FIG. 3 shows a schematic drawing of a thin film magnetic head 30 which includes a yoke 32 of ferromagnetic material (such as a nickel iron alloy)intertwined with a multi-turn, planar coil 34 (also known as a pancake coil). Yoke 32 and planar coil 34 are intertwined with each other in such a way as to provide four magnetic flux interactions between yoke 32 and coil 34 and thereby significantly increase the inductive coupling therebetween as compared with conventional thin film magnetic heads (FIG. 1).

Specifically, yoke 32 is constructed from eight elongated magnetic pole pieces 36a-36d and 38a-38d connected together to form a magnetic flux circuit for conducting magnetic flux from the leading pole to the trailingpole of the head. The pole pieces are woven around coil 34 so that magneticflux conducted in the pole pieces interacts with coil 34 four times as the magnetic flux is conducted through pole pieces 36a-36d and 38a-38d to or from magnetic storage medium 40.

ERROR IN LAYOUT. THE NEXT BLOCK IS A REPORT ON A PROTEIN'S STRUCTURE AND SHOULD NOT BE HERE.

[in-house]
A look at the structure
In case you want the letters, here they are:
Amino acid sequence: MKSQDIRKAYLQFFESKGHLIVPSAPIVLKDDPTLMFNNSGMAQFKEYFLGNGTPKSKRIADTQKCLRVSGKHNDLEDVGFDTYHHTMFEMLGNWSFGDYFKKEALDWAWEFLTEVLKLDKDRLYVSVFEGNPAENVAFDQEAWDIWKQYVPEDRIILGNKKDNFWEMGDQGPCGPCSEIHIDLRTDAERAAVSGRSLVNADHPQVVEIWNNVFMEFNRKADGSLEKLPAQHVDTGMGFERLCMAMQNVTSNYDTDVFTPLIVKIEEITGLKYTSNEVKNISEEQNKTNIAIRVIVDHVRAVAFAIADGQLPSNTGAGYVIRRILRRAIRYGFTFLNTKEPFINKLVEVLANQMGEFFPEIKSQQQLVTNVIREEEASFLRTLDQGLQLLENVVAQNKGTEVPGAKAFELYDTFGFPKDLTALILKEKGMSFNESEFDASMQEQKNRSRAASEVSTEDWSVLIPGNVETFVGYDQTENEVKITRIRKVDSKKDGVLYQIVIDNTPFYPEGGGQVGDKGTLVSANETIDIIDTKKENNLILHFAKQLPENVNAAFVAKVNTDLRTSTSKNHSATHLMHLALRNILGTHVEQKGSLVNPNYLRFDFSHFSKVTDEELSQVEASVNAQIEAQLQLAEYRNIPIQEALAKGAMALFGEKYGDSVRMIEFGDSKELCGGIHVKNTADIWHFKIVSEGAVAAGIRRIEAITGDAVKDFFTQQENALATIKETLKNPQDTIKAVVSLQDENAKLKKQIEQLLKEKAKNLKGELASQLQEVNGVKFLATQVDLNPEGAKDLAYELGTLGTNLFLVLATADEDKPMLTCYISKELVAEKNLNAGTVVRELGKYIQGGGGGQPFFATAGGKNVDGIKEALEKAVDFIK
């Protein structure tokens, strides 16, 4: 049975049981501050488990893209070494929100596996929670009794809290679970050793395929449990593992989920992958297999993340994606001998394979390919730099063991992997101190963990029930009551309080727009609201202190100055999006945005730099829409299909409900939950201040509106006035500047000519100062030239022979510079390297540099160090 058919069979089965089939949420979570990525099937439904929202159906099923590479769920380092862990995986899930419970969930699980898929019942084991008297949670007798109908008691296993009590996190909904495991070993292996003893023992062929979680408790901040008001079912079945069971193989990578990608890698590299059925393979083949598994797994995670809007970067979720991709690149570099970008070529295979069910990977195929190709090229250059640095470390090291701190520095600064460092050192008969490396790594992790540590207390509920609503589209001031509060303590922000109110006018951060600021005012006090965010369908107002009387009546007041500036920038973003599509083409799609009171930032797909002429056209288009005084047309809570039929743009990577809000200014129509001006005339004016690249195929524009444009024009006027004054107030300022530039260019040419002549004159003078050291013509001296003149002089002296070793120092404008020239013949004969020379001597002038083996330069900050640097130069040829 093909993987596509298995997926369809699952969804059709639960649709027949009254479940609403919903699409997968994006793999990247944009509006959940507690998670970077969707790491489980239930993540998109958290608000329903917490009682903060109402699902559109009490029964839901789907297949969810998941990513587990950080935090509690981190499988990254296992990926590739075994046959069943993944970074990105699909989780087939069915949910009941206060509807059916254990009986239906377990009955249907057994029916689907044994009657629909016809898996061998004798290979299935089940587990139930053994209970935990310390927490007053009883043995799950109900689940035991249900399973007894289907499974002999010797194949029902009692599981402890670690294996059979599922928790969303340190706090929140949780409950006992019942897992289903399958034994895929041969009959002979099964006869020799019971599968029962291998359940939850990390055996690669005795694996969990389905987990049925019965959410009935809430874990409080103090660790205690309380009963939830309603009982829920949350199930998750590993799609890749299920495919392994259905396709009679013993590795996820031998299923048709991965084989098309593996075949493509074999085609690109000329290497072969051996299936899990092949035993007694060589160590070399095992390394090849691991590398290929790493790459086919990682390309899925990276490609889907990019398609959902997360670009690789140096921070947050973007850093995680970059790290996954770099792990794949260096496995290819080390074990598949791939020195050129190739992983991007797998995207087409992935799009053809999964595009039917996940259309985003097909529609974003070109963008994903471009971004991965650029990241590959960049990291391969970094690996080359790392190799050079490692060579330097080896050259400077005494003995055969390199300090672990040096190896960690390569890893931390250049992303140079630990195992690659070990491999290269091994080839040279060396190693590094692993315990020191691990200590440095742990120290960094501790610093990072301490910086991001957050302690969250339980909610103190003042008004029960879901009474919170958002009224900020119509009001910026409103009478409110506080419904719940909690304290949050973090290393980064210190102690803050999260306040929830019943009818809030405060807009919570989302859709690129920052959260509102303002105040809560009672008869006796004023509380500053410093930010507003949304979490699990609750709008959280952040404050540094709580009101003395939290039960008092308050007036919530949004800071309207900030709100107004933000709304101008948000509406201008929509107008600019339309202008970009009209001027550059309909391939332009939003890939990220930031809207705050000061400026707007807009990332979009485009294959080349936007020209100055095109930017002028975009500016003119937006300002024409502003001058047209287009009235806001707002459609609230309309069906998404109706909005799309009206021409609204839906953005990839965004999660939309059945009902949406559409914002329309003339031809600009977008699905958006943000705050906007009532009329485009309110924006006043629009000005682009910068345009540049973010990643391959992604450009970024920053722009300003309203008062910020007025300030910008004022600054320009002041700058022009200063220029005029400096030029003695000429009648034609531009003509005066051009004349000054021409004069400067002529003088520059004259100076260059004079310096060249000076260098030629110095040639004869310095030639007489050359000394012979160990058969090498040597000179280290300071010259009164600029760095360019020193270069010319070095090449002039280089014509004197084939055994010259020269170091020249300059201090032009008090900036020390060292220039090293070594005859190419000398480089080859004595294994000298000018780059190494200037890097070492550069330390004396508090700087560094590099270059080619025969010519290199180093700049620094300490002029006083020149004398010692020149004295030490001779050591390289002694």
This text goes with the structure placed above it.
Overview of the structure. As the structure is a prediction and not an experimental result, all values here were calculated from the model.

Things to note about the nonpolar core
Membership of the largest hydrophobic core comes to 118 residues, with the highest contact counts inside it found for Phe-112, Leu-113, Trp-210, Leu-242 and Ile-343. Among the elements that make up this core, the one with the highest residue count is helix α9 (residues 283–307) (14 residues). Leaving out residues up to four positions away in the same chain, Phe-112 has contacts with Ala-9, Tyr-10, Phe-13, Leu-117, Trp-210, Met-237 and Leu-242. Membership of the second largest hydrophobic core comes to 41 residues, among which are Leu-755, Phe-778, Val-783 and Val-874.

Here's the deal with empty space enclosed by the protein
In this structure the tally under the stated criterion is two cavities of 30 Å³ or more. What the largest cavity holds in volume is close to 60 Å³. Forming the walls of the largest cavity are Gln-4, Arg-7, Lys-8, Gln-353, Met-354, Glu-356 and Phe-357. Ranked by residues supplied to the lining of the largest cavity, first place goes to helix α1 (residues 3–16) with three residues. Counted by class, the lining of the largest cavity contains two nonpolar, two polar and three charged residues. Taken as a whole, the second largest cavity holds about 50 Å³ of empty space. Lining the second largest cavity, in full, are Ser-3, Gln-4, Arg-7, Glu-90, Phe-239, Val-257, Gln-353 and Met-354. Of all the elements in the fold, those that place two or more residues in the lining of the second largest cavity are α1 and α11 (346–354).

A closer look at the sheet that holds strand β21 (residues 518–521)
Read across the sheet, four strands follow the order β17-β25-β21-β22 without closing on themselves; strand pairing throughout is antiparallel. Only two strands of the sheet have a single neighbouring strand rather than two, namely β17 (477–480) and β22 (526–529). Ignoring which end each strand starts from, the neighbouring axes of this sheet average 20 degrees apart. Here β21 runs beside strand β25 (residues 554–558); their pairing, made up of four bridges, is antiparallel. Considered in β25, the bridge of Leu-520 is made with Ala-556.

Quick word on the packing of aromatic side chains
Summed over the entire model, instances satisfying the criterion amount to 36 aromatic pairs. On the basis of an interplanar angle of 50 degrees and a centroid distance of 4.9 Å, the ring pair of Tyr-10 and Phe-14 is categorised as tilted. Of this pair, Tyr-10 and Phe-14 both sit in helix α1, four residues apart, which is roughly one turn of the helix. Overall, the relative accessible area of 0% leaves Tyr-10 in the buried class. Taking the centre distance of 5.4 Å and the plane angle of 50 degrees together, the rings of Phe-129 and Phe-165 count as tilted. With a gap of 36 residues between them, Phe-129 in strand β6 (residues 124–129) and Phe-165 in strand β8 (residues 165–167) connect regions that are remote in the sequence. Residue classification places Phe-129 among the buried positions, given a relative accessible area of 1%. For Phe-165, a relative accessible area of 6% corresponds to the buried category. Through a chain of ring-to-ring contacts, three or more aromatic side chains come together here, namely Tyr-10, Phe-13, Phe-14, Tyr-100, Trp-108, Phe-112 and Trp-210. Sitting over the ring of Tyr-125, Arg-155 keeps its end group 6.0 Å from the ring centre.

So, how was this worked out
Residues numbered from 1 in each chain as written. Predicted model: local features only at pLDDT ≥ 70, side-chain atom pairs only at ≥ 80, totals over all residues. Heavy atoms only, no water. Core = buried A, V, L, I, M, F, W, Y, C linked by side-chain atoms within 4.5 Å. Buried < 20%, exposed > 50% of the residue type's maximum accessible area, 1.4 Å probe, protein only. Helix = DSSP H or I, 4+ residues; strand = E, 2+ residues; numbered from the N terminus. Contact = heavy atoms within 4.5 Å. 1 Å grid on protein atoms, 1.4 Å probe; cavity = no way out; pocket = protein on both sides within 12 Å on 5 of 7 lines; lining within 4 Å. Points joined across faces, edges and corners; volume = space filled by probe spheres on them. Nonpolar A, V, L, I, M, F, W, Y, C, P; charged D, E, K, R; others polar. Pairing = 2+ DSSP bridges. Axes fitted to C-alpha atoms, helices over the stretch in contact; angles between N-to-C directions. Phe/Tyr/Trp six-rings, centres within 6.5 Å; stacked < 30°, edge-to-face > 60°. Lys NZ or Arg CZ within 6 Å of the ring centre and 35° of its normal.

Referring also to FIGS. 4A and 4B, pole piece 36a-36d lie in a single thin-film layer, layer A, and pole pieces 38a-38d lie in second thin-film layer, layer C. Coil 34 lies in a third thin-film layer, layer B, disposedbetween layers A and C. Coil 34 generally defines a perimeter about an areaof Layer B referred to as "interior to the coil", and the remaining area ofLayer B is referred to as "exterior to the coil". Layer B also serves as a transition layer to magnetically separate pole pieces 36a-36d from pole pieces 38a-38d. One end of pole piece 36a is disposed adjacent to storage medium 40 and serves as pole tip 37 for magnetically soupling the yoke 32 to the storage medium. Similarly, one end of pole piece 38a is disposed adjacent to storage medium 40 and serves as pole tip 39 for magnetically coupling yoke 32 to the storage medium. Tips 37 and 39 are spaced by a gap41 having a predetermined thickness to optimize the linear density of recording on the medium.